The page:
A solar farm the size of eight football pitches is helping us to power the advanced manufacturing of world-class fighter jets.

Nearly 9,000 solar panels are now live providing power to its facility in Samlesbury, Lancashire, cutting £370,000 from the site’s electricity bill every year.

It is expected the panels will provide nearly a fifth of the site’s peak electrical consumption required to manufacture component parts for the Eurofighter Typhoon and F-35 Lightning II aircraft as well as the wings for the Hawk jet training aircraft.

An aerial view of our Samlesb...

Dave Holmes, Manufacturing Operations Director for our Military Air and Information business, said: “We anticipate the panels will stop 1,500 tonnes of carbon being added to the atmosphere every year.

“We are utilising part of the site’s former runway which is welcome news for the environment and at the same time helping to reduce our significant energy costs.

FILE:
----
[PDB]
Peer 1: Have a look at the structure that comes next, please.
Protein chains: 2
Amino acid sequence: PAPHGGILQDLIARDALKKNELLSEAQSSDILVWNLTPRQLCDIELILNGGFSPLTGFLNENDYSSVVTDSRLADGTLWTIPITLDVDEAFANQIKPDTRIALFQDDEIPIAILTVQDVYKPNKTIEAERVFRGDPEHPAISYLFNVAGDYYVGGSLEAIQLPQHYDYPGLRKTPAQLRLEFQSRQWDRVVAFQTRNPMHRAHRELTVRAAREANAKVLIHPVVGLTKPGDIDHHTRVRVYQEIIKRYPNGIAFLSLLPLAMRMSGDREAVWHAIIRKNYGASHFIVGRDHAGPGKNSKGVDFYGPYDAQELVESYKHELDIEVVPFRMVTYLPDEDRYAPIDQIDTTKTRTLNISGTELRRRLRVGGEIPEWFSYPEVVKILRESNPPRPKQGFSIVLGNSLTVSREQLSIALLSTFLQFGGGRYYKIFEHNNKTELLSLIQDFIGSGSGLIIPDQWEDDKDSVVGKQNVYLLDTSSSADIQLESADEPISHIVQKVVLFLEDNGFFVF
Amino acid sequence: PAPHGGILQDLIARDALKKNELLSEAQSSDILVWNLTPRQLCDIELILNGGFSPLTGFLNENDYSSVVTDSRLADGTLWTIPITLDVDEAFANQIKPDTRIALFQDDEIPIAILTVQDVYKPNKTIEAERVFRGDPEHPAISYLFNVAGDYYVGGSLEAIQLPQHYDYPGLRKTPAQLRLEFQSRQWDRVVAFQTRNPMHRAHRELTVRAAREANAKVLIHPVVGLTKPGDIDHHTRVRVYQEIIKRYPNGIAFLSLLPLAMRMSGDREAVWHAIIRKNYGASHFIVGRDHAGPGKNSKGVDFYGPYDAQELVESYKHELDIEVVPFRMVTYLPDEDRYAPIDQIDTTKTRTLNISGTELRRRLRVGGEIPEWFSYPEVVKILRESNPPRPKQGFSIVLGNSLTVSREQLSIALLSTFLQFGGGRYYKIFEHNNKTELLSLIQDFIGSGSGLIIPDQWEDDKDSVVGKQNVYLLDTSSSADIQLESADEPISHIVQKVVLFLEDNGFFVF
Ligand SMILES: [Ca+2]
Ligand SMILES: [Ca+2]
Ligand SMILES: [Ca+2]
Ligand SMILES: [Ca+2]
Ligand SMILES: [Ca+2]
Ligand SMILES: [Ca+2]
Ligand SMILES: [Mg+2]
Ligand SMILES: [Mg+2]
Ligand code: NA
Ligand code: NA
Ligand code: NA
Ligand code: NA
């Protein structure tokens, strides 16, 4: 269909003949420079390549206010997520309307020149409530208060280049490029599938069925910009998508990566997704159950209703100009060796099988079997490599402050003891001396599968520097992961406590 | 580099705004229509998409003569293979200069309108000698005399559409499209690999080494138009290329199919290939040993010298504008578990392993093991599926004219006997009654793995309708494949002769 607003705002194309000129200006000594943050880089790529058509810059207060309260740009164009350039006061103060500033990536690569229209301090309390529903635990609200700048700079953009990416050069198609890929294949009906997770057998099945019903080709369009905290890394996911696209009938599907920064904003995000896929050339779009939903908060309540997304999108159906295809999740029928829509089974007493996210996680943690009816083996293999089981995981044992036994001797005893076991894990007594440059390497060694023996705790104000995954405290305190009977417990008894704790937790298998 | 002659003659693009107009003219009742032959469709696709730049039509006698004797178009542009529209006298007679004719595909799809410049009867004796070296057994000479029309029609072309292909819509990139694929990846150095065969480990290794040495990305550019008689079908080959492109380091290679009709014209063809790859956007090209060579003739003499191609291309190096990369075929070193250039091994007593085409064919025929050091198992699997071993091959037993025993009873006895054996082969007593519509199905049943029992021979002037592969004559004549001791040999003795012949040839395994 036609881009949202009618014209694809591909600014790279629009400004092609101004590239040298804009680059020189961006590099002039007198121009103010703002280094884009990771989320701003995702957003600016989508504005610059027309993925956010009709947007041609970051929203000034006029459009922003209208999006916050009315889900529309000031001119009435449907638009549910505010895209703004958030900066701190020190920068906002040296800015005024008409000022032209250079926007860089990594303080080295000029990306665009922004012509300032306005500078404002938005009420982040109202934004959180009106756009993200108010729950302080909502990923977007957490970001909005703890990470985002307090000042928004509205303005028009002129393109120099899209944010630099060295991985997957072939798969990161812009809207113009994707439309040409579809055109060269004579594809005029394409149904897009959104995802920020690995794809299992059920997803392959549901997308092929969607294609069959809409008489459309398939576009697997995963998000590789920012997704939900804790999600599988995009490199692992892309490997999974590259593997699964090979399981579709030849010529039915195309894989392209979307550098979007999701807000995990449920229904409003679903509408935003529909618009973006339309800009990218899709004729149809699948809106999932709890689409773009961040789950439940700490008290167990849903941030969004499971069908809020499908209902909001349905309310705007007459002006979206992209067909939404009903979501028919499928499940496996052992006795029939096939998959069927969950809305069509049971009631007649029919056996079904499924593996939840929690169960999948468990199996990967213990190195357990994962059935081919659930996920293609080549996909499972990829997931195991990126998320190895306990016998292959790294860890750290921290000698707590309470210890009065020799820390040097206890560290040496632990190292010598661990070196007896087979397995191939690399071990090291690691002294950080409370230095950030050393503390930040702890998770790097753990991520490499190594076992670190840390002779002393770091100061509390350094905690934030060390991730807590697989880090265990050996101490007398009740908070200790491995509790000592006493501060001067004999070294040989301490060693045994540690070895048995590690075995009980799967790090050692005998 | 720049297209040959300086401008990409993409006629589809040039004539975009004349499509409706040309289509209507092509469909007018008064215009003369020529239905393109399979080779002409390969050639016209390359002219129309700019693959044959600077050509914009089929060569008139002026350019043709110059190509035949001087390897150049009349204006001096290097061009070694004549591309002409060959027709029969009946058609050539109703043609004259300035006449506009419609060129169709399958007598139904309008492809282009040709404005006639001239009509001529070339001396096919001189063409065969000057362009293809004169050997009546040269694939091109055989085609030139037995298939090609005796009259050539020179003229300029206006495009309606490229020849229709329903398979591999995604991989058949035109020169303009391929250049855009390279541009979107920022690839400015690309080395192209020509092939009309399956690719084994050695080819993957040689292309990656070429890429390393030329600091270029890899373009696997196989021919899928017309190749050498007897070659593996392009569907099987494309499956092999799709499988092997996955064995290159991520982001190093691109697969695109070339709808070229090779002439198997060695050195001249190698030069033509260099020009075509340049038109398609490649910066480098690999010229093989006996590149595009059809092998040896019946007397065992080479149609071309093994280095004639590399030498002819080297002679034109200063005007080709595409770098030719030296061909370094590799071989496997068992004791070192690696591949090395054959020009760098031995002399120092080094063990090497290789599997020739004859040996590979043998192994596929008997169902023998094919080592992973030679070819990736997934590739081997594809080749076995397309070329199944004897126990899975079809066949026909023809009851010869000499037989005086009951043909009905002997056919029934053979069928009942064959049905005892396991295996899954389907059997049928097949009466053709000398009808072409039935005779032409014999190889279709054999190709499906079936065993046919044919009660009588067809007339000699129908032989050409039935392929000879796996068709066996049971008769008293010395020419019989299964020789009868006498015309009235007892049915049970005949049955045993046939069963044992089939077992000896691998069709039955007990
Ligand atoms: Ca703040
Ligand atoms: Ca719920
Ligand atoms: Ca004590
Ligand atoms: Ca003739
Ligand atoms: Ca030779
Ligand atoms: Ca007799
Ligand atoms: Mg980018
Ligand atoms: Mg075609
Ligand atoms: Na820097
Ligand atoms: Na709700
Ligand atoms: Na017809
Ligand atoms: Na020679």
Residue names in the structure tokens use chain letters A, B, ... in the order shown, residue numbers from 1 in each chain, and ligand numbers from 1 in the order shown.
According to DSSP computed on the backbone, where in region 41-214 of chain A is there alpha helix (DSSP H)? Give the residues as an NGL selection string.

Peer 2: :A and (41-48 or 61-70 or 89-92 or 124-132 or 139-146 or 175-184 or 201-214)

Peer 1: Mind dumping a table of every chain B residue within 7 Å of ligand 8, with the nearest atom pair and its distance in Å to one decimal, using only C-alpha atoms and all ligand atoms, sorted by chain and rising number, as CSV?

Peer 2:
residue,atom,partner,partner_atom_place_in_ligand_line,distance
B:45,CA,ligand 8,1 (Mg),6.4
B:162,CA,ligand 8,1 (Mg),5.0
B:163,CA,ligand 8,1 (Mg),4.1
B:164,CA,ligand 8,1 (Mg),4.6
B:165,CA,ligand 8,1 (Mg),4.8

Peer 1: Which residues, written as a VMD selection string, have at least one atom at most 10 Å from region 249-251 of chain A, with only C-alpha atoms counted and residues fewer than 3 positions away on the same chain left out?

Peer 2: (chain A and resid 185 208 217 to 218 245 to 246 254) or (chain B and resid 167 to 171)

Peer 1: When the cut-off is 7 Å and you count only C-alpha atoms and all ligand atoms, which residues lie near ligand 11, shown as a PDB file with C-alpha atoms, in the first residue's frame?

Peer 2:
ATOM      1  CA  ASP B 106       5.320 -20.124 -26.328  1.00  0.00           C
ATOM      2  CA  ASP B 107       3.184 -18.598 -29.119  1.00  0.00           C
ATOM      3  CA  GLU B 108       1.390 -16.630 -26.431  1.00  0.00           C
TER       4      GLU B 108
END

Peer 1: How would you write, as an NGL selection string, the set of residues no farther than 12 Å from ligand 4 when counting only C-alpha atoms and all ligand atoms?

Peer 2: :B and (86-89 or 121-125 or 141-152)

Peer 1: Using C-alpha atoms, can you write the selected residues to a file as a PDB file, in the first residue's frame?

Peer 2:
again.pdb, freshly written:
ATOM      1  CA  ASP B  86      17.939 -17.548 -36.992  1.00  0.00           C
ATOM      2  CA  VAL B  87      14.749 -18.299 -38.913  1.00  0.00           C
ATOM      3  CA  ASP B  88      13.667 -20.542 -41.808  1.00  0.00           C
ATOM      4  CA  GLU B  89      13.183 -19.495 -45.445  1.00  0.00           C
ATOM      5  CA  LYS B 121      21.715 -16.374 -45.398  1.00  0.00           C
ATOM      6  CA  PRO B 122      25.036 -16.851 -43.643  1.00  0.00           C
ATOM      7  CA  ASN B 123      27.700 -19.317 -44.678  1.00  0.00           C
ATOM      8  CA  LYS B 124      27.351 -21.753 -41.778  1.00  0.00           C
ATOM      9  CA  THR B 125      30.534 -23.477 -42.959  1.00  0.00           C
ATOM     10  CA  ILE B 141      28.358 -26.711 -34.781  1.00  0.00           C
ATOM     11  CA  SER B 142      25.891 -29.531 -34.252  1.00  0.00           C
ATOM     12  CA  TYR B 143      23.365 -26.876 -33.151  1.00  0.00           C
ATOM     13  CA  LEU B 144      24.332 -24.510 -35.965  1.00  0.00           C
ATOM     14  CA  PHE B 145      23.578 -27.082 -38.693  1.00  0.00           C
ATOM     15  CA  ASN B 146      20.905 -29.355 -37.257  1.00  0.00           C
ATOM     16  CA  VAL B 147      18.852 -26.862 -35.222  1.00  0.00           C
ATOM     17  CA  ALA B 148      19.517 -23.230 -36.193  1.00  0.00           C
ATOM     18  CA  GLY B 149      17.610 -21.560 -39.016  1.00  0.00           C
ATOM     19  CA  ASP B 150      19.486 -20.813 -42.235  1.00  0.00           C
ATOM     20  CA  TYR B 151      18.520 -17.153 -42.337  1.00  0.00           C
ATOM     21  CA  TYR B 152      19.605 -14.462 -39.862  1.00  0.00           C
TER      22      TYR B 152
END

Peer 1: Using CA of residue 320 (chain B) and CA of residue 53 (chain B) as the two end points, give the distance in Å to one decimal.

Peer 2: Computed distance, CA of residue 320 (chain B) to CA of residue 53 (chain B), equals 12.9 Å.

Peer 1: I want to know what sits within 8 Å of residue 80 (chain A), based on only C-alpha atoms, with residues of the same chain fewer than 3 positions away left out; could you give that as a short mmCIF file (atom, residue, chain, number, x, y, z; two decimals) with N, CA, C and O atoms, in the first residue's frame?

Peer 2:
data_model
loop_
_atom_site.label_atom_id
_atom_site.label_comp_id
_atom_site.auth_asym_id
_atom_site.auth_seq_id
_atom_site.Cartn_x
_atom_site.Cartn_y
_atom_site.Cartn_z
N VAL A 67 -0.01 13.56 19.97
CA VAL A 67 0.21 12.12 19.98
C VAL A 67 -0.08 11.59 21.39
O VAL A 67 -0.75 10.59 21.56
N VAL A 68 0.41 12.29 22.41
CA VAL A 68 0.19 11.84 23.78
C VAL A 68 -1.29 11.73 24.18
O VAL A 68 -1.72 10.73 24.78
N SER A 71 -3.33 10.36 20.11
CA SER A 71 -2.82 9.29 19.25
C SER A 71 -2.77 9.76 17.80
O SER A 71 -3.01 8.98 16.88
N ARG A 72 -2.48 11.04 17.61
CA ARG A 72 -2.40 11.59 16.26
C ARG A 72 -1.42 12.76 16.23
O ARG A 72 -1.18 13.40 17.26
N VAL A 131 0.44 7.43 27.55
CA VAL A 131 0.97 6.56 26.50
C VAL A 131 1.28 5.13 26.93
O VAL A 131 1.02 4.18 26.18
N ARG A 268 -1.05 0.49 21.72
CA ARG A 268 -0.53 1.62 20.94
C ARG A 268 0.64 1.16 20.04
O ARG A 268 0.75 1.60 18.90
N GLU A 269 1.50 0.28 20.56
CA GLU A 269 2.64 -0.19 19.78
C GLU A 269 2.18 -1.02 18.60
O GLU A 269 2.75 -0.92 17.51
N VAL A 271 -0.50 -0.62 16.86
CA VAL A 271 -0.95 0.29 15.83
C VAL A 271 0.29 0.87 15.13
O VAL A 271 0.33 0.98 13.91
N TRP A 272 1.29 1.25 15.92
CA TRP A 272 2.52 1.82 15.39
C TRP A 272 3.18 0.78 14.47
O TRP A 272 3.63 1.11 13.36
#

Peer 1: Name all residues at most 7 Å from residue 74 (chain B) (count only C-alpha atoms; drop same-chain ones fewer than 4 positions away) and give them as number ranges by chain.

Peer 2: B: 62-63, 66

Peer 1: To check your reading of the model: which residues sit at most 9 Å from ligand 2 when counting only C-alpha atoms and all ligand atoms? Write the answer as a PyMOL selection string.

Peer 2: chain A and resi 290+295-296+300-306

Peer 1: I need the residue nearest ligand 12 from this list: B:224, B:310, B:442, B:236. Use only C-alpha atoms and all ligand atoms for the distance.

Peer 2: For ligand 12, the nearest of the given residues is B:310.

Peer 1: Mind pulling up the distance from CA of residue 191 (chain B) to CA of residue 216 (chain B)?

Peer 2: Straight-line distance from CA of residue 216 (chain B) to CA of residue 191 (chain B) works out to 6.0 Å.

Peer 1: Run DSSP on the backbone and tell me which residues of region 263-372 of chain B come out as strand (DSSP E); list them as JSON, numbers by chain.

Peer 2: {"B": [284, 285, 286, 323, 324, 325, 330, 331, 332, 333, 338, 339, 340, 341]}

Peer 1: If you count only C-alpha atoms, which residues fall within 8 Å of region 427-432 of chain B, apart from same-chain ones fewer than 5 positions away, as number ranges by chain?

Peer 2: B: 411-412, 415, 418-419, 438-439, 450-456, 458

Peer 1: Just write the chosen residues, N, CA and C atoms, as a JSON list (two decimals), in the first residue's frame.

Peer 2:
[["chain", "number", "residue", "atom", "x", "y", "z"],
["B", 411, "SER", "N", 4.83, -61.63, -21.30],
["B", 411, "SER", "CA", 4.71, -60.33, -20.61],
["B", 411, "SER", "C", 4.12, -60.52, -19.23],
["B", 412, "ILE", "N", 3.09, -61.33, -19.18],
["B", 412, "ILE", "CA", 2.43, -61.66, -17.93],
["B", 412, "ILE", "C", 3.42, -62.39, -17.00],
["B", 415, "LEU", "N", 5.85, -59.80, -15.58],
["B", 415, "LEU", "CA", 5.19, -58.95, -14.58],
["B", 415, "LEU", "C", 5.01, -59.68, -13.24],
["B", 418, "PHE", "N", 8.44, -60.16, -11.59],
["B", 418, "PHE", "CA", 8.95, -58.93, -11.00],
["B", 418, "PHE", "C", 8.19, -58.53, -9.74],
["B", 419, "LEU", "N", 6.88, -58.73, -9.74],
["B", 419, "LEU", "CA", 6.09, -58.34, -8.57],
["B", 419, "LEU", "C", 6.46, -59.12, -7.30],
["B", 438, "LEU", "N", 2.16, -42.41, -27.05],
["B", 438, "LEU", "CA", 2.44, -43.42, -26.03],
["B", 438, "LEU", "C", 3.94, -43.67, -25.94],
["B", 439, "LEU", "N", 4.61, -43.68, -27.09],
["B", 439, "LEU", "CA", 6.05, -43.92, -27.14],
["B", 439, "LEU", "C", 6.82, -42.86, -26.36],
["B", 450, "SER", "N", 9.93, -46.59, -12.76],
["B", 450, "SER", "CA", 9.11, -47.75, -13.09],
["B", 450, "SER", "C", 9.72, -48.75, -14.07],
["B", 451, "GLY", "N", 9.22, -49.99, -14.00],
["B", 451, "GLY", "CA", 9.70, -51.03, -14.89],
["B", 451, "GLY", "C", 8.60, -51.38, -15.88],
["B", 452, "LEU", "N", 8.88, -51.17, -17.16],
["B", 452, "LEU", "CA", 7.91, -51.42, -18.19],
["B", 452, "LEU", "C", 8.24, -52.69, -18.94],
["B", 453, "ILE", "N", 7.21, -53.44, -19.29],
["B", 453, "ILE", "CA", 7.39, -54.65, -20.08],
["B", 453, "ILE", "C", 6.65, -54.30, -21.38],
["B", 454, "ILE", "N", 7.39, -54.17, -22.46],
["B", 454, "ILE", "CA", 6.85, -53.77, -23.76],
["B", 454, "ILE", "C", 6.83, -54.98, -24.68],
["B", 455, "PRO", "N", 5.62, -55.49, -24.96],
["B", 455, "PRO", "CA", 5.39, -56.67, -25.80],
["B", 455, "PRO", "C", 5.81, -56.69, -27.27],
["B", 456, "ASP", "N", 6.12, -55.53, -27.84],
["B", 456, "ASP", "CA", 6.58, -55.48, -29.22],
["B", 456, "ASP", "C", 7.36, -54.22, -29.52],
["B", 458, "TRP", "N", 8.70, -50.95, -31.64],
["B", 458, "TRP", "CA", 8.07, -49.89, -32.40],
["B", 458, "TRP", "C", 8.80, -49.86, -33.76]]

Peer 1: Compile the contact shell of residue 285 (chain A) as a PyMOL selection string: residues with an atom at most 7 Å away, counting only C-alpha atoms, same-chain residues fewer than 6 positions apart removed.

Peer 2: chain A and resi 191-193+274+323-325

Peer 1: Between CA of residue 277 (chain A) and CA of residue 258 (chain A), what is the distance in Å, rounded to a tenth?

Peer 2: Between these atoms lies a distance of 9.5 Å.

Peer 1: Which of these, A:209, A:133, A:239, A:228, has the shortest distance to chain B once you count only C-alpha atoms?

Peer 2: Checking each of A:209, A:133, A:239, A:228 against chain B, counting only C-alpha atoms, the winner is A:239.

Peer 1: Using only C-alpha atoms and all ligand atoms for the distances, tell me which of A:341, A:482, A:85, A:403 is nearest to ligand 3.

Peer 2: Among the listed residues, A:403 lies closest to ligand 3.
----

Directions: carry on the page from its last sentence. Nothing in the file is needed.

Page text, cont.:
“We design our buildings, infrastructure and equipment with energy efficiency and renewable technology at the heart of it and a large amount of investment has gone into developing Samlesbury with the environment in mind.”


The switch on is the culmination of months of work to get the panels installed and tested and are located on a 61,000 square metre site.

They will generate 10,000 kilowatt hours every day and when running at full capacity are able to generate two megawatts of power at any time.

The savings generated by the solar panels will enable us to drive the affordability of our products and services to our customers across the globe.

At our company's naval base in Portsmouth, Hampshire, it has also installed almost 2,000 solar panels on two buildings which are expected to generate savings of more than £1m over the next 20 years.